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Morning Edition
Monday, July 23, 2012

Minnesota Public Radio Stories


National Public Radio Stories

  • Aurora Shooting Survivor Focuses On 'Positivity'
    One of the survivors of Friday's shooting rampage in Aurora, Colo., says he doesn't want to think about the shooter — he's just happy to be alive. Meanwhile, mourners gathered for a vigil remembering the 12 people killed, and President Obama met with officials and some of the victims' families. The suspected gunman is making his first court appearance Monday.
  • In 'Free' Syrian Village, A Plea For U.S. Help
    While the Syrian government still has the upper hand in the country's largest cities, the rebels hold large swaths of territory in rural areas. NPR's Kelly McEvers recently returned from a week with the rebels inside Syria. Her first stop: a rebel way-station not far from the border with Turkey.
  • Silicon Valley Boot Camp Aims To Boost Diversity
    By a recent estimate, 1 percent of America's technology entrepreneurs are black. And only 8 percent of tech companies are founded by women. A new boot camp aims to give these entrepreneurs pointers so they can get their startups off the ground.
  • A Muslim Cemetery Helps To Ease Funerals' Strain
    At the Garden of Peace cemetery in Flint, Michigan, Muslims are buried in accordance with traditional Islamic burial rites. After operating for only a couple of years, the cemetery has already welcomed a diverse group of American Muslims.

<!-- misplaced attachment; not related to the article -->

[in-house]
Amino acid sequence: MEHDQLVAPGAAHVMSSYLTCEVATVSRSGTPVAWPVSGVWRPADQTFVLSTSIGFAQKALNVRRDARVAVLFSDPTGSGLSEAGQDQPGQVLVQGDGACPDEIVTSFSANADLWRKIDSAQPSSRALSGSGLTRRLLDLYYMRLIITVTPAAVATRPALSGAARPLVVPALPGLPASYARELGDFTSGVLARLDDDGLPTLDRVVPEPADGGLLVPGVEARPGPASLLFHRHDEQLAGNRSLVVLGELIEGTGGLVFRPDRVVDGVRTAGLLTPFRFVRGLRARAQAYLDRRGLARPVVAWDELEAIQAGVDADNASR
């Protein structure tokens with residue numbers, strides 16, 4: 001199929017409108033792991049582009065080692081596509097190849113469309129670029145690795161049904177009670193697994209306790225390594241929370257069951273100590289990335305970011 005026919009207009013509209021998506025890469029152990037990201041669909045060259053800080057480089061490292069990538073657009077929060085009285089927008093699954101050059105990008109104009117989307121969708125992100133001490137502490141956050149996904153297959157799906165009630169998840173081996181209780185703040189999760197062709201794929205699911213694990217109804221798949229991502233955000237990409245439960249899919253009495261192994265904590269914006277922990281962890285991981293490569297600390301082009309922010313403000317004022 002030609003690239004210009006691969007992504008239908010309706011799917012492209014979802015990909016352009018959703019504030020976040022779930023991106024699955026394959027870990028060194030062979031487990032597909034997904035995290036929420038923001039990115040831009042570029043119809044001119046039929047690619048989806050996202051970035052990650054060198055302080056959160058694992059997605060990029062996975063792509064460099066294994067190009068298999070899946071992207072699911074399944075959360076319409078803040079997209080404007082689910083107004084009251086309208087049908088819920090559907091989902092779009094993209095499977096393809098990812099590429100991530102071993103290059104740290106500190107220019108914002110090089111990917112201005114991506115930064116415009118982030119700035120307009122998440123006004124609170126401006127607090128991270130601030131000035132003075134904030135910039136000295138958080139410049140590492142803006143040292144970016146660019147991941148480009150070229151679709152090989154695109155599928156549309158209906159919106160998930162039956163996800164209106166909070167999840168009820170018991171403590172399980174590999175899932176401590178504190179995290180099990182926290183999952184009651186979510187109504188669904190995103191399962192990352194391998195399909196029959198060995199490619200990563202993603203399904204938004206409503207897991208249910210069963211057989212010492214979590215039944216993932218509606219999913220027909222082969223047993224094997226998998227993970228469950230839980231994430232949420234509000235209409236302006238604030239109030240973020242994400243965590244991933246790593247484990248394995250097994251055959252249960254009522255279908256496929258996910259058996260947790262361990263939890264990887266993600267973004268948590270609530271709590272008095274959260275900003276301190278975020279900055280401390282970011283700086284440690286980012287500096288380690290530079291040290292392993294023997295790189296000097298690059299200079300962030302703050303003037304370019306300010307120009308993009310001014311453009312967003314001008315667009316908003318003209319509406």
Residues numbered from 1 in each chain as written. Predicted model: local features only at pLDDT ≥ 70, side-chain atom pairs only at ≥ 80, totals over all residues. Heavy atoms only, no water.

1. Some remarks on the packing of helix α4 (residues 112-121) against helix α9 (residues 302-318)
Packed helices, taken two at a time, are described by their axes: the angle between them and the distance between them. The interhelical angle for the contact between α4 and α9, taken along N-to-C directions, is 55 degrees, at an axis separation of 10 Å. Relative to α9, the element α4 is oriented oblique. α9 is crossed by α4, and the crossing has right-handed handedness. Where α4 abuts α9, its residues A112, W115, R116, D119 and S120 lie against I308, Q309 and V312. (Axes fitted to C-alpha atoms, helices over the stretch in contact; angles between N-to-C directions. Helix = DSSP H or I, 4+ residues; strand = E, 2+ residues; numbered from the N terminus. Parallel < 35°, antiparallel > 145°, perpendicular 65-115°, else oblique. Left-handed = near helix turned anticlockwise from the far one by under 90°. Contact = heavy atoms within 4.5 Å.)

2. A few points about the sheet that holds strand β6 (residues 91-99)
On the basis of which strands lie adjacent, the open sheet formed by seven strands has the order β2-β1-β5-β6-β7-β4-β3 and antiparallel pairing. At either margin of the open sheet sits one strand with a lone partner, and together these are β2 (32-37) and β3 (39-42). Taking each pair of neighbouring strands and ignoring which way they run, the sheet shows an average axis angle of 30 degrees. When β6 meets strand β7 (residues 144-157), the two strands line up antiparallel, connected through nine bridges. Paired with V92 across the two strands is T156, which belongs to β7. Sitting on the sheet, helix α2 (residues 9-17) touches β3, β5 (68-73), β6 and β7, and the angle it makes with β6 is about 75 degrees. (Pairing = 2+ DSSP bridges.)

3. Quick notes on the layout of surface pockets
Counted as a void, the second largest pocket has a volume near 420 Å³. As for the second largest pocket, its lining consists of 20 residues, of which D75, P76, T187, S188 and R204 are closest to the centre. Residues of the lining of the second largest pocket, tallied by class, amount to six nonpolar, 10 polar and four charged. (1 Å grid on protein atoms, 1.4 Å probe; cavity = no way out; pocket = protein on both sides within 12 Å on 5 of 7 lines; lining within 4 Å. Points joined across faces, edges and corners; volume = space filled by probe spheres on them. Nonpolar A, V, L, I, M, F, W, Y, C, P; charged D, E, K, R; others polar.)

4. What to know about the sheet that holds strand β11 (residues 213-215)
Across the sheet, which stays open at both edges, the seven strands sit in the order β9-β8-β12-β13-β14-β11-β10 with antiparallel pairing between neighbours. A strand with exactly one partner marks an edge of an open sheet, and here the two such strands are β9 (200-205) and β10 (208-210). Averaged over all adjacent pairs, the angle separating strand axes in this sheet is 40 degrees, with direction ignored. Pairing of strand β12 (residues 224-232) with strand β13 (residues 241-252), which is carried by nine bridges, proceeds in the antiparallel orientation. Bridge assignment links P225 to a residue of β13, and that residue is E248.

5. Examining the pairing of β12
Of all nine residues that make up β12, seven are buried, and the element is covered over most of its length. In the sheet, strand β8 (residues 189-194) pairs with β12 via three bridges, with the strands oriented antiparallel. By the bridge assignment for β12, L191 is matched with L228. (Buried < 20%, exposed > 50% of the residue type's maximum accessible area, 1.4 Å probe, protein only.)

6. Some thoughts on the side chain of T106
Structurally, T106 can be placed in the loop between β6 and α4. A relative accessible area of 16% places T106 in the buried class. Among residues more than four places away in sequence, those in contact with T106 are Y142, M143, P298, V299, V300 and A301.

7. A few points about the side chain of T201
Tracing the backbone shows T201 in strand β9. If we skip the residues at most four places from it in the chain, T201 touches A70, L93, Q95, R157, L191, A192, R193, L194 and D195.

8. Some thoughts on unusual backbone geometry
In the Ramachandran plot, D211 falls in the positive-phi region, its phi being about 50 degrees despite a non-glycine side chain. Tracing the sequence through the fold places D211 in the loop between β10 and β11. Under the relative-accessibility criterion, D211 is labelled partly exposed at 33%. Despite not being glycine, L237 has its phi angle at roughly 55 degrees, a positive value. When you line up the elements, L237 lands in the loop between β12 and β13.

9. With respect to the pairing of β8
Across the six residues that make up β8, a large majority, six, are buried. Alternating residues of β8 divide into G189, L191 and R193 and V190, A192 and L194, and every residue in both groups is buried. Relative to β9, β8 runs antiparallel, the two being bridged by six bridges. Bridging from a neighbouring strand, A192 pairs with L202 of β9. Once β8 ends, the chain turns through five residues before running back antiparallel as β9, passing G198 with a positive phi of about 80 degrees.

• Hospital Specialists Help Remind The Sickest Kids They're Still Kids
    Child life specialists can minimize the trauma caused by a hospital stay. They're also costly, but experts says they help doctors be more efficient and can pay dividends far into the future for a sick child.
  • An Alaska Company Losing The Obesity Game Calls In Health Coaches
    Health coaches, part of the newly emerging field of wellness, provide an extra push when patients need help kicking unhealthy habits. In recent years, rising health care costs for obesity-related diseases such as Type 2 diabetes have made health coaches a popular medical resource.
  • News In Spain, Greece Sends European Stocks Diving
    European stocks took a nosedive Monday as investors worried more than ever that Spain may need a full-fledged sovereign bailout. Two regions in Spain said they'll ask the country's central government for bailouts, and local Spanish media say several other regions could follow suit. And, of course, Greece remains in the center of the crisis in Europe.
  • Rifts Emerge Amid 'Frac Sand' Rush In Wisconsin
    Western Wisconsin counties bordering the Mississippi River have a unique geography: steep bluffs with layers and layers of silica sand. The sand is extremely valuable because it's strong enough to prop open underground veins in shale fields so oil and natural gas can be released. It's called "frac sand," and Wisconsin appears to have more of it than any other state. But the hills are private property, so sand mining companies have to negotiate with local farmers — not all of whom are on board.
  • Beer Trade Group Sizes Up Rival Beverages
    The Beer Institute, which includes Anheuser-Busch and MillerCoors representatives, meets in New York City this week amid flagging beer shipment volumes. MillerCoors CEO Tom Long told Advertising Age that companies need to work together to beat nonbeer competitors. Wine consumption has been increasing the past couple of decades.
  • Aurora Shooting Suspect To Appear In Court
    Steve Inskeep talks with Megan Verlee of Colorado Public Radio for an update on developments over the weekend in Aurora, Colo. James Holmes, the suspect in Friday's multiple shooting at a movie theater, is expected to appear in court Monday.

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